How to Plan for Incapacitation As a Business Owner

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When you’re a business owner, you should be prepared for any number of situations and you should always have contingency plans in place. Sometimes business owners might push off this kind of planning because it’s uncomfortable or they think it’ something they won’t have to face.

While you may never face worst-case-scenarios, it can make your business stronger if you’re well-prepared anyway.

One example of a situation to plan for if you run a business is what happens if you’re incapacitated temporarily, or for the long-term.

There are any number of reasons you might be incapacitated. As most Orlando car accident lawyers will tell you, people often face long-term injuries and rehabilitation after a vehicle accident, for example.

A car accident could mean that you’re hospitalized and perhaps in a medically induced coma for a period of time. There will need to be an understanding on the part of not only your loved ones but also your business partners or employees as to what should happen in your business during this time.

Another example that could lead to your incapacitation might be an illness.

There are legal and physical examples of incapacitation.

There are varying legal standards based on the state where you live too.

It’s so important to be proactive with your incapacity plan for your business.

What to Know In General

In general, if you are incapacitated, whether you’re a business owner or not, there are things that you can have in place that will make it easier for your family and can protect you and your heirs.

Terms to know include:

  • Durable power of attorney: A durable power of attorney lets you assign certain medical and financial powers to specific people, and it remains valid if you are incapacitated.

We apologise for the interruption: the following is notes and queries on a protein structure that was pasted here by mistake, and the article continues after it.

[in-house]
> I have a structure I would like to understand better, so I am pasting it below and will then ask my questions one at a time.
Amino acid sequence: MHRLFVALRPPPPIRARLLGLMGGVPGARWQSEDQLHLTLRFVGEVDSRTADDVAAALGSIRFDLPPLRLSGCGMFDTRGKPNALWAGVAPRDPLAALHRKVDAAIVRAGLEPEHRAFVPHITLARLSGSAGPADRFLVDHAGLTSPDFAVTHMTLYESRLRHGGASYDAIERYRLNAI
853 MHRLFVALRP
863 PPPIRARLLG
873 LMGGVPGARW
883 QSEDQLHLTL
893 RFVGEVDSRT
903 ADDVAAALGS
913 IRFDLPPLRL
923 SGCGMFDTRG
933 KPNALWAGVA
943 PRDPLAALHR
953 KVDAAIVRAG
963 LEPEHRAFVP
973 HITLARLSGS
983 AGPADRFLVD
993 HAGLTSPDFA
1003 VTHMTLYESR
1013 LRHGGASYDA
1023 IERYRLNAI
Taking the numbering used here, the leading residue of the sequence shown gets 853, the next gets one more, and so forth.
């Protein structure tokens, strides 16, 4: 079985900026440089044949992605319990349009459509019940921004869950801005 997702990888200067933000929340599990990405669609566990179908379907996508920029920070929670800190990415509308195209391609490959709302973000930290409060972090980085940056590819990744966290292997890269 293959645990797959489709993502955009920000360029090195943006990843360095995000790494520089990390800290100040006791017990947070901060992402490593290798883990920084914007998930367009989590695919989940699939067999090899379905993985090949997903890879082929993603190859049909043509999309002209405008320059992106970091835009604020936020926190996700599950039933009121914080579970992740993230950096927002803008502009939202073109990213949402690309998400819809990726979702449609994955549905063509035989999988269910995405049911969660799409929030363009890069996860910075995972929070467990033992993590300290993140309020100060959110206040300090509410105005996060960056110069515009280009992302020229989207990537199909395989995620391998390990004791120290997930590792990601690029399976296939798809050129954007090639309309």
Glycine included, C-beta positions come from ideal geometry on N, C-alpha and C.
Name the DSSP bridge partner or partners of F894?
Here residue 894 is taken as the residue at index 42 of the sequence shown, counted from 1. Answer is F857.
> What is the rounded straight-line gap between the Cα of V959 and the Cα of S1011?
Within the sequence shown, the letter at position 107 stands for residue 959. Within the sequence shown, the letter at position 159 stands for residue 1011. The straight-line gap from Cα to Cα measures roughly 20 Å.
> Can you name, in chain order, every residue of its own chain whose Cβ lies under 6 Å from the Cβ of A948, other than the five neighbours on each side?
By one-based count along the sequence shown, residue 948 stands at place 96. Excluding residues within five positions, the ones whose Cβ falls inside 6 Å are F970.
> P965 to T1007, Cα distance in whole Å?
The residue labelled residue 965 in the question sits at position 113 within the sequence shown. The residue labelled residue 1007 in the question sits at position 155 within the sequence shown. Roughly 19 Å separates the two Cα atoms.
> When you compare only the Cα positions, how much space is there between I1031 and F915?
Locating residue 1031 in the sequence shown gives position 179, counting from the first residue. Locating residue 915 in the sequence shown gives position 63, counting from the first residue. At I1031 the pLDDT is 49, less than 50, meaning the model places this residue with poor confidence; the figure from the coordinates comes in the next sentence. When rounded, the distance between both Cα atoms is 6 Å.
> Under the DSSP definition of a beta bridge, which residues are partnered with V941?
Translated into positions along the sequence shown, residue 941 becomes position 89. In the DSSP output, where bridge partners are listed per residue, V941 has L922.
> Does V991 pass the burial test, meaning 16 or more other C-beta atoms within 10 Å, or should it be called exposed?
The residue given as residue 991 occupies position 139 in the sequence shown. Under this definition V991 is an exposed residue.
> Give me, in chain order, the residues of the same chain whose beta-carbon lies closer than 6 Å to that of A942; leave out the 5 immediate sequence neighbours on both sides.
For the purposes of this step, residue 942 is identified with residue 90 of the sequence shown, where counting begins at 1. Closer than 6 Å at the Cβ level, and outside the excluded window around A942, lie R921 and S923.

• Guardianship: If in a certain case, someone is named as a guardian to you during your incapacitation, then it would void power of attorney. If you don’t have a power of attorney or living trust, then your family members can apply for guardianship of you. If someone becomes your guardian, they can then make decisions relating to your medical care and finances.
  • Living will: A living will is something that’s important for everyone to have in place, whether they own a business or not. A living will lets your family know what can and can’t be done if you are determined incapacitated. This might include directives relating to medical care—for example, a living will might include a Do Not Resuscitate order or the conditions under which you’d like to be kept alive versus not.
  • Revocable living trust: If you aren’t able to manage your assets and property, you can assign someone to do it for you. A revocable living trust allows you to stay in control of the assets in the trust, and you can change the terms anytime.

As far as insurance, if you own a business, you might want to purchase additional insurance like a disability policy with your spouse and children named as your beneficiaries. This will help your family avoid potential financial issues during the buyout of a buy-sell agreement.